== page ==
The Rules

One of my favorite things about this game is that it is setup from the start to be an adversarial ‘matched play’ type of game if you wish.

How to build your fleet in Hammerin’ Iron.

The other games have points, but this ruleset actively looks for balance by giving you a ship total (six) and you must bring a fort. I think this will help players bring a cool variety of ships – but you can still keep it historical if you wish.

Building a ship in HI.

There are ship listings and point costs in the back of the book, but the author has actually given you the ability to create your own ships here with a point guide. You can also shave hit points off your ship to save some points, indicating that maybe on the way to the battle they struck a rock or lost some of the crew to a sickness. The other way to make point total is by removing one or two guns – perhaps one got a bit wet last night and can’t be used.

Other indications of it being Matched Play show up when each player gets to place islands and sand bars.  You bring them with you and the defender places them, then the attacker may get a chance to move them a bit. Objectives are placed as well, with the defender getting to possibly move them. There is a nice summary on pages 16 and 17 of pre-game setup like we’re used to with a lot of modern rulesets.

HI is always played as Attacker/Defender. The attacker always gets all six of their ships during a game. The defender doesn’t get to use all their ships – they get a fort that replaces a random ship. There’s a funny bit about this:

If a player is upset by not having all of his ships on the table then he needs to try to be the attacker or to become a more sophisticated and mature player of games.

Hammerin’ Iron glossary.

When a ship arrives on the table the owning player selects five order cards for it. You put the orders in a stack and may look at them, but they stay with that ship. The deck of orders you have is only 32 cards, so each ship will have five of those when it starts on the board. This means that you may have orders that you don’t wish to have in there for that ship at a certain time – but you have to use them, representing communication failure or mechanical issues. That’s friction, folks! Once a ship only has one card left you can re-do the stack.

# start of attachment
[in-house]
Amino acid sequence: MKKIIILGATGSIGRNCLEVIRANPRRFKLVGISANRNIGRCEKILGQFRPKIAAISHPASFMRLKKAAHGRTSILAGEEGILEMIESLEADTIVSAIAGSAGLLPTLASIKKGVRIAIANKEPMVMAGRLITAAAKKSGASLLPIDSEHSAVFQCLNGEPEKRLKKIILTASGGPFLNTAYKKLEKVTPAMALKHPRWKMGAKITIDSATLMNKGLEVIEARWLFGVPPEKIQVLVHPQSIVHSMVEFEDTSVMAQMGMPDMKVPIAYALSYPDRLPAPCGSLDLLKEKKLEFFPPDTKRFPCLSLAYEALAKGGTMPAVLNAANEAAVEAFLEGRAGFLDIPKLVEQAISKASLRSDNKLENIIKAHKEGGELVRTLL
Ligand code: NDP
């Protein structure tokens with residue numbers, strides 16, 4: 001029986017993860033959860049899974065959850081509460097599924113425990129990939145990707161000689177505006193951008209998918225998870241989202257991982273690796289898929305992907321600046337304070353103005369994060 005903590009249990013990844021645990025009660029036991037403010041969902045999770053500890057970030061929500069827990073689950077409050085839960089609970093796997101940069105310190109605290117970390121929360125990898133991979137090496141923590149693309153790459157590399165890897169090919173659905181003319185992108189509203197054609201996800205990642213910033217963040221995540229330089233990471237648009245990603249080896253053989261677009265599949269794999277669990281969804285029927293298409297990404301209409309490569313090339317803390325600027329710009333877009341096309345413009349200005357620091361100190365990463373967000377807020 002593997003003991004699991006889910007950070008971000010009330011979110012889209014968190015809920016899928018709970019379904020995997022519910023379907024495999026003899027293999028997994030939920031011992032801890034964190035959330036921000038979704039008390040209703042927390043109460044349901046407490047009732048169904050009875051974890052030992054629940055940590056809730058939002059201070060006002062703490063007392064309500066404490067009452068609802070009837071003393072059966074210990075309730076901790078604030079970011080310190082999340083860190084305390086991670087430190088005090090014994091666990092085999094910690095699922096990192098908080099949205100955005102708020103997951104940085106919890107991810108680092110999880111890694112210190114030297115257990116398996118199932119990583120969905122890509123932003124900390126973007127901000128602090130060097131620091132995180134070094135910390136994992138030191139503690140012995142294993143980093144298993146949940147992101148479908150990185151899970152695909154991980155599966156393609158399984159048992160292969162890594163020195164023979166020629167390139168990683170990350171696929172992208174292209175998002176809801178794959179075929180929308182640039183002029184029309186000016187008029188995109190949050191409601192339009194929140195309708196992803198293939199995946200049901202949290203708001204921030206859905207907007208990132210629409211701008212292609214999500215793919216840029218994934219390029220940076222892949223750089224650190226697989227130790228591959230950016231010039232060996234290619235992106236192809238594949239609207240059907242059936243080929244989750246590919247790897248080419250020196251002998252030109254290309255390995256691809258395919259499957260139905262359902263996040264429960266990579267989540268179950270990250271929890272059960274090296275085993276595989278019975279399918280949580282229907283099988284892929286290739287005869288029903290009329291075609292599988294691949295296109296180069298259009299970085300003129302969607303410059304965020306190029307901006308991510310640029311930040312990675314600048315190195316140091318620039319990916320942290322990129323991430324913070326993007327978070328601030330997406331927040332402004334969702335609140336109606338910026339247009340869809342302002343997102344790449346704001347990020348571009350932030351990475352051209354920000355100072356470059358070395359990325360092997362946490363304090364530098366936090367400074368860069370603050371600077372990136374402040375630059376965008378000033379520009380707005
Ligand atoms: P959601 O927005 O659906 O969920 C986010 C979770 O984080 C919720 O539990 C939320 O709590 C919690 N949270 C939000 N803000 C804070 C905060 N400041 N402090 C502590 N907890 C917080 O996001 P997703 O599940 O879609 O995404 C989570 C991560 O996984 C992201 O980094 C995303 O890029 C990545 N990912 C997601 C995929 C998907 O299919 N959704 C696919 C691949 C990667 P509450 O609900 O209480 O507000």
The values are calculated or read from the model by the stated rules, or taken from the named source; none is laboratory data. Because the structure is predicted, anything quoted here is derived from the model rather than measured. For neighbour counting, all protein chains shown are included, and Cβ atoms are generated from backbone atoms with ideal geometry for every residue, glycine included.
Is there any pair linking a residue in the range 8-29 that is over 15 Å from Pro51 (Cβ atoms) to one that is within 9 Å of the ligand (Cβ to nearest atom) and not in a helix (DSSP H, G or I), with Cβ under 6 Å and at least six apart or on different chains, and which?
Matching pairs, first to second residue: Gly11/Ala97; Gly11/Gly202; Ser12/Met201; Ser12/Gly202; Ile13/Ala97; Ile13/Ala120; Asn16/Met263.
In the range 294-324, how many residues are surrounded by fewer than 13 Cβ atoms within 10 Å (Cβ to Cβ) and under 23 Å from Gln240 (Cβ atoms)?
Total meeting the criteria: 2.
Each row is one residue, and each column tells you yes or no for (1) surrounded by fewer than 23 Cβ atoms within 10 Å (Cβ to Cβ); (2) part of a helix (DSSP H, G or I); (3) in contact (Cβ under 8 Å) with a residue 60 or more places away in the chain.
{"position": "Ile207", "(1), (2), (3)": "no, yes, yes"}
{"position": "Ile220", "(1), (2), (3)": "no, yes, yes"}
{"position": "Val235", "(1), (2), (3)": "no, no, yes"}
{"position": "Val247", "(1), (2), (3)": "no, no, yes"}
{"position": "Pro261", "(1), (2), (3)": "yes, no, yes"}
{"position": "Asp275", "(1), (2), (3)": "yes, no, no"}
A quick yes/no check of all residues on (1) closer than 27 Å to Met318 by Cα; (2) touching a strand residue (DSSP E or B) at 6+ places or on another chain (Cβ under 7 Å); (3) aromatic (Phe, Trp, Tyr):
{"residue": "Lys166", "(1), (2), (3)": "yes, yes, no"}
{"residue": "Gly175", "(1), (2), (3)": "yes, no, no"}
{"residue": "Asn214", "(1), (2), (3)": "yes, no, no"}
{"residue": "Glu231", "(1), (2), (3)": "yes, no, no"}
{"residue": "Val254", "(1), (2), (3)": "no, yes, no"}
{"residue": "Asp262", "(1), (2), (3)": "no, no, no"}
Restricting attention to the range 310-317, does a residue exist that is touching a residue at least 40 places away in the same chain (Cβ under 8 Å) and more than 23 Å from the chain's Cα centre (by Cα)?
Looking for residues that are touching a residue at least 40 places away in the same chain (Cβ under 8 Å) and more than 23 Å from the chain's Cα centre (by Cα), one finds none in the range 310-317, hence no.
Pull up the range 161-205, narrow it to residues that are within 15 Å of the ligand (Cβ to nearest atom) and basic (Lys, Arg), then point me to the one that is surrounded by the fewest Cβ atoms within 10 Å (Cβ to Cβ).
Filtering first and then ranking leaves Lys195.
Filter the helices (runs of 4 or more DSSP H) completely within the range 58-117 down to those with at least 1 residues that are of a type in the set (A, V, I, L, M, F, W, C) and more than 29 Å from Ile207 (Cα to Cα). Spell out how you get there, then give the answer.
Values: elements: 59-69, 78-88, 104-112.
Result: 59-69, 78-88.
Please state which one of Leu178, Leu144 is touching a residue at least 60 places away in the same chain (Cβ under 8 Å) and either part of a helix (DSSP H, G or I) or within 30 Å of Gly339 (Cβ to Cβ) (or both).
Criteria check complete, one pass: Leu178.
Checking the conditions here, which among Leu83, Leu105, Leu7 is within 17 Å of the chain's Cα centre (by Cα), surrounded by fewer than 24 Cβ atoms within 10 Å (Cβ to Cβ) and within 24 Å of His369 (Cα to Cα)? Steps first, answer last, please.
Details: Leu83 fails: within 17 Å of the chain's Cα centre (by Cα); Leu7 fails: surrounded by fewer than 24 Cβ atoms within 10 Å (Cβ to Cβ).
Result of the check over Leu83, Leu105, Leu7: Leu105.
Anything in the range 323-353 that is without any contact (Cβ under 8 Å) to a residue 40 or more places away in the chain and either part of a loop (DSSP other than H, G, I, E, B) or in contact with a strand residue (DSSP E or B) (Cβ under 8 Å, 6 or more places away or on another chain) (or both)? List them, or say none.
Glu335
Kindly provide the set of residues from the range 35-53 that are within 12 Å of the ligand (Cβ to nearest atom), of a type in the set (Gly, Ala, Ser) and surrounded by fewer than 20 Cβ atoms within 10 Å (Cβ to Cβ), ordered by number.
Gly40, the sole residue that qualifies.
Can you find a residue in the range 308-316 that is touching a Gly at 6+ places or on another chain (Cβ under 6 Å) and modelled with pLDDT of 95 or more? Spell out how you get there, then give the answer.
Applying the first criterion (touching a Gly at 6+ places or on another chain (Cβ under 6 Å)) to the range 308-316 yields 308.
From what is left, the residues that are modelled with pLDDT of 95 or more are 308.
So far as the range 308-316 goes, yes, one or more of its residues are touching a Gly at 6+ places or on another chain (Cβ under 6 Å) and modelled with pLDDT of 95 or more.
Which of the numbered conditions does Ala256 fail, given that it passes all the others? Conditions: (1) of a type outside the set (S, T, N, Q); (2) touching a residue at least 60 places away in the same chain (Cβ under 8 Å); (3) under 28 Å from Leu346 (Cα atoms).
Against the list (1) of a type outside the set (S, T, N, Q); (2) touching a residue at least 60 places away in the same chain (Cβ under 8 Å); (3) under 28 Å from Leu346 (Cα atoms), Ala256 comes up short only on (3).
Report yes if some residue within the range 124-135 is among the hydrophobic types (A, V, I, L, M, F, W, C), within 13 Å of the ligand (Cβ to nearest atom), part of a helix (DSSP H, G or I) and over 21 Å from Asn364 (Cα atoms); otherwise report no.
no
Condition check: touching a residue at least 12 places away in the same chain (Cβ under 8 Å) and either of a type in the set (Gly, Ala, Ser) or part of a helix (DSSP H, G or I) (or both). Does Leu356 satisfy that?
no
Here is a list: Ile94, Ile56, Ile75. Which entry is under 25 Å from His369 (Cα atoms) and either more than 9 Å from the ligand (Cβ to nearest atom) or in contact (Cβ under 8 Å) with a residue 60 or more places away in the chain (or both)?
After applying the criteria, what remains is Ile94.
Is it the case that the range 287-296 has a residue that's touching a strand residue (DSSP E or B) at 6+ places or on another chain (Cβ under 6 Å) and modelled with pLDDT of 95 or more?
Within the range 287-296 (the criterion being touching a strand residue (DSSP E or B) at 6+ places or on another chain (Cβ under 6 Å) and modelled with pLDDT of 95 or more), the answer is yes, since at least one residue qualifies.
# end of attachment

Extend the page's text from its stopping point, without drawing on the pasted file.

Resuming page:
Order cards in Hammerin’ Iron.

Movement is done using hexes, according to the order you laid down that turn. You can turn your ship by putting a hex to the right or left of your ship. At full speed, normal ships can move 2 and fast ships can move 2 or 3 hexes.

Guns have a range of 5 hexes at long range or short range of 1 hex. There is an opportunity firing mechanic that I find very interesting – in short, it’s possible to fire at a target when they float in front of you, but you have to roll to see how many guns can do it.

Firing is rather simple – you fire each gun individually (the author mentioned that the players should get a ‘feel’ for the independence of each gun). There are a number of factors that will influence the number of dice rolled, but you start with 4D6. 5s and 6s hit the target. The target can then try to deflect the hits – for ironclads, you can deflect medium guns on a 4,5,6 and for tinclads you an deflect on a 5,6. Ships take critical damage as they reach or pass through a multiple of 5 hit points.

I tend to like this method as a con type game because you don’t have to track locations or anything like that. The hit points abstract everything and make it fast and easy.

Games of HI have a total of eight turns. Each turn it’s actually possible for a player to reduce the current turn number by one or advance it by one if they roll well in a certain phase. I think that’s really interesting, and another example of friction!

The Presentation

Being a somewhat older ruleset, the rules do lack a little bit of the pizazz. It’s in black and white and the pictures are all photos from the game, not art. It is presented in an outline format, which a lot of wargamers are used to. I do love that you can buy it printed – you don’t have to mess around at Kinko’s or use DriveThru. I also really love that the author put some real personal flavor into the text, oftentimes including notes and funny anecdotes.

Battle mat!

The Accessories

This is a strong point for HI. Peter Pig sells a ton of 1/600 scale ships at great prices. They also sell the mat that you need to play the game. They have great models of the forts, town pieces, etc that you might need. I don’t have their tokens yet but do intend to get some.

That’s it for our rules roundup for ACW naval games – check back in next week for more Historical goodness!